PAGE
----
Christ Nailed to the Cross

WAG 1186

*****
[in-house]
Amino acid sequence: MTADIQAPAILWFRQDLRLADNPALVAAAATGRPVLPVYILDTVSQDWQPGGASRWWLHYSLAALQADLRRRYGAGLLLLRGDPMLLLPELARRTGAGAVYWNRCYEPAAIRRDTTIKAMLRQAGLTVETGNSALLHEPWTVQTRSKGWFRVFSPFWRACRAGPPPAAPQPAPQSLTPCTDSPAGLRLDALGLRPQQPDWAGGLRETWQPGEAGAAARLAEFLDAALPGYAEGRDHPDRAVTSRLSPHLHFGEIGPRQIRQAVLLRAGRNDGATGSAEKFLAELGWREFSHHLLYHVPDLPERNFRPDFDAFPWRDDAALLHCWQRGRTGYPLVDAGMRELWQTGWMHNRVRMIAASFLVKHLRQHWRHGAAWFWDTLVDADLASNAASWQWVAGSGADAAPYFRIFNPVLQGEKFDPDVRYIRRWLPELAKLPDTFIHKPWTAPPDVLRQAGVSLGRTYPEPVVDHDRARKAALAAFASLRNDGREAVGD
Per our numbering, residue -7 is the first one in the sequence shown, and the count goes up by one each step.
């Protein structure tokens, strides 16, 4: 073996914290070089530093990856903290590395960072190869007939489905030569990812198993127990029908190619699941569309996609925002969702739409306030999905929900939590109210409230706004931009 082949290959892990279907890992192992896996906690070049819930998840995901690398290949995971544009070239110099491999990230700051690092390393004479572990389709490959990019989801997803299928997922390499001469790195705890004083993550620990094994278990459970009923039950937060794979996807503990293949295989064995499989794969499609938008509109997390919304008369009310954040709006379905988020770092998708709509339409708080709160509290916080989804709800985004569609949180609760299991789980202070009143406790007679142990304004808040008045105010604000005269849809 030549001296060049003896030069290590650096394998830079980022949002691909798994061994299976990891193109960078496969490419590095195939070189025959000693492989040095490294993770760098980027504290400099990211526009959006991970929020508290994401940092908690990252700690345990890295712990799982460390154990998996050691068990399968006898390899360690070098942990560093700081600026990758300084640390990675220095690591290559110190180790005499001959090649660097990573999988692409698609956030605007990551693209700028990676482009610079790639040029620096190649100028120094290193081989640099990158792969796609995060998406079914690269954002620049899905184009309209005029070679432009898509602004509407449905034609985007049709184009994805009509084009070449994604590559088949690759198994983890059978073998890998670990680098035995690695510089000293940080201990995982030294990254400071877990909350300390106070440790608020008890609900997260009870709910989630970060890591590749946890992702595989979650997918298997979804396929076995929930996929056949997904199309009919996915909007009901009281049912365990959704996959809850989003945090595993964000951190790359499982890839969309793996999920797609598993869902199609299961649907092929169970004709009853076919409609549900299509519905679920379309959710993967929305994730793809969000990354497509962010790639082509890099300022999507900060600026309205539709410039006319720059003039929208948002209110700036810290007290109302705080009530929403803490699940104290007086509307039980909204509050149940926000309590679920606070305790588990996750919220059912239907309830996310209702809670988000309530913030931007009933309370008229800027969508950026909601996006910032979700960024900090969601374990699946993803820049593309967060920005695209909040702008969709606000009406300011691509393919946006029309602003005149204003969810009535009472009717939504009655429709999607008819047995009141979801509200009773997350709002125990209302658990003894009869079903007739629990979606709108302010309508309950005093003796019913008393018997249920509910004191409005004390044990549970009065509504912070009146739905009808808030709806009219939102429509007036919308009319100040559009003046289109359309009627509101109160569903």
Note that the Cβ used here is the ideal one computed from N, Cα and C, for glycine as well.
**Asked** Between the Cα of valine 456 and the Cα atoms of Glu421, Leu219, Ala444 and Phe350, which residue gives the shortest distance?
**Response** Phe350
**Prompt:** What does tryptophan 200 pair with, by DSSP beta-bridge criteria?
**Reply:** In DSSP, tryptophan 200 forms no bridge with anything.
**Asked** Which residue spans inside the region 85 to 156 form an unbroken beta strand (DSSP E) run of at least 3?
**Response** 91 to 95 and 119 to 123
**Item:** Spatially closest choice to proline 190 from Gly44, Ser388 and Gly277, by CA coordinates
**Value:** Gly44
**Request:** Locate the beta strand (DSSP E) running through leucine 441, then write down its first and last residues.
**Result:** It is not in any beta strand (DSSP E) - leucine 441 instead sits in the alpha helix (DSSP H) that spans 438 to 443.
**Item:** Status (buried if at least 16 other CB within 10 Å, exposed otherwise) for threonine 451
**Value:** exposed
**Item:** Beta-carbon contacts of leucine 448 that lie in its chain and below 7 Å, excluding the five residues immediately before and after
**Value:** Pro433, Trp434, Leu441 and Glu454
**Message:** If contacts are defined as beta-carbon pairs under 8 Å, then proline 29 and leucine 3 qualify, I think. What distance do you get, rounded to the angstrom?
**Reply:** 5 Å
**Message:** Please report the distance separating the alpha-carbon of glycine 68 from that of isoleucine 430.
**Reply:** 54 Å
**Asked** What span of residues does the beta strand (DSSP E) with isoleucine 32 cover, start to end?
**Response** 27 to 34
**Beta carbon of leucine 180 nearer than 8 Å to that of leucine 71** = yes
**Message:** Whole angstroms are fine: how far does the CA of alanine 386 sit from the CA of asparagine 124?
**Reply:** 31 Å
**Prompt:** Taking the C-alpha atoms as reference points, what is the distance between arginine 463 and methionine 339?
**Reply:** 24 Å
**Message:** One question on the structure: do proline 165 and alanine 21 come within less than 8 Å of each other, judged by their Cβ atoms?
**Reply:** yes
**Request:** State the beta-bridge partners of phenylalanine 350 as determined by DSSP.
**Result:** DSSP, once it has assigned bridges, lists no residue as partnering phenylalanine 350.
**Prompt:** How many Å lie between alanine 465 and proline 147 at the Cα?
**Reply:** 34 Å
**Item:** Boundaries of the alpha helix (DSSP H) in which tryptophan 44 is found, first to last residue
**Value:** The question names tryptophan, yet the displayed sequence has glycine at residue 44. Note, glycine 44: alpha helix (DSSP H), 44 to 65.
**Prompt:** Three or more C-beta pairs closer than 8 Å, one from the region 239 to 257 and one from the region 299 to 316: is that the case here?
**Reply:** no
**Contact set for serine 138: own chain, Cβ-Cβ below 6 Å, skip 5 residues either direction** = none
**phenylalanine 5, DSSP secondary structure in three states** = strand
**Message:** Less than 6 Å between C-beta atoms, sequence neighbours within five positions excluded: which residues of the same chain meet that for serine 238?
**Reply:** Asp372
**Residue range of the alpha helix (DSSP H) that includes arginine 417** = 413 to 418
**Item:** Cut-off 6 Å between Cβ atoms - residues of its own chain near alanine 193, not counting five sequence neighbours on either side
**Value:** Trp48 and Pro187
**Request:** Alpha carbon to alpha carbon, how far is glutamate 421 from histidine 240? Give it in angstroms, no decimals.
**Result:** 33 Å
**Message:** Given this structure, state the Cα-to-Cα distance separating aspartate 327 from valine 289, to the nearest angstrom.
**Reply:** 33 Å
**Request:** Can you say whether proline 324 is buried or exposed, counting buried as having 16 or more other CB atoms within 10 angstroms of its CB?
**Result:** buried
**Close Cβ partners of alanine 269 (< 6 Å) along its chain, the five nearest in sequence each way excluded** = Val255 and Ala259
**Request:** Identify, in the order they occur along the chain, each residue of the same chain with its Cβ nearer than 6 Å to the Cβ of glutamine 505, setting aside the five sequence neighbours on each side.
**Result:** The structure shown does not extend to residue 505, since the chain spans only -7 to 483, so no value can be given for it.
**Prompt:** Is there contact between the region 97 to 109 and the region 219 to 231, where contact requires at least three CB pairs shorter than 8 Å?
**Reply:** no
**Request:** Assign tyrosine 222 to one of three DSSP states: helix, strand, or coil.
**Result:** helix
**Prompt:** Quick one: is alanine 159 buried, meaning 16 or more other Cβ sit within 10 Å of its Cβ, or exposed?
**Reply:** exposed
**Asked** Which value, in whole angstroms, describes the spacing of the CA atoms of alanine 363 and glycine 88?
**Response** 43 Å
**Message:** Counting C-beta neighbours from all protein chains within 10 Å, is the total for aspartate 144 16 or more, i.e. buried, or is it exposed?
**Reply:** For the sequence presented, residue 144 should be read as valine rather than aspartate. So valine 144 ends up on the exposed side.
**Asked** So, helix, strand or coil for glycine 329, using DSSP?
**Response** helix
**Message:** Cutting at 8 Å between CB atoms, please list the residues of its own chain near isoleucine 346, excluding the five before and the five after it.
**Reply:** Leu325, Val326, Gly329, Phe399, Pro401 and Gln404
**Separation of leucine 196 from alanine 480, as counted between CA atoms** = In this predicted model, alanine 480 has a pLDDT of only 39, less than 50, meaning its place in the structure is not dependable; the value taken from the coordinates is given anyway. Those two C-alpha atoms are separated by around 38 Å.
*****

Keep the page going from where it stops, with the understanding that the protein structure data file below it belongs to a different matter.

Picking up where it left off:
This painting probably formed part of a large, many-panelled altarpiece. It may have been produced by an unknown artist in the Dutch town of Utrecht. The bearded figure on the left, holding a staff, is probably Pontius Pilate, the Roman governor who had Christ crucified. The odd perspective, by which the ground appears tilted up towards the viewer, is typical of northern European painting at this date. So too is the artist’s concern with detail, for example, in the careful illustration of the executioners’ tools. This image shows God crowning Mary as the Queen of Heaven. This event is not described in the Bible but was a popular subject in art. This work was once part of the top of a larger altarpiece. The elaborate decoration on the frame is not fully original. It was probably altered in the 19th century. This is one of the artworks presented by the Liverpool Royal Institution. Liverpool’s economic development grew directly from Britain’s involvement with transatlantic slavery: the kidnapping, enslavement and forced migration of people from West Africa to the Americas and many to the Caribbean. Many members of the Royal Institution made their fortunes directly through the trade or indirectly through the wider economy. This wealth was largely how they were able to bring rare art and treasures, such as this, to the city.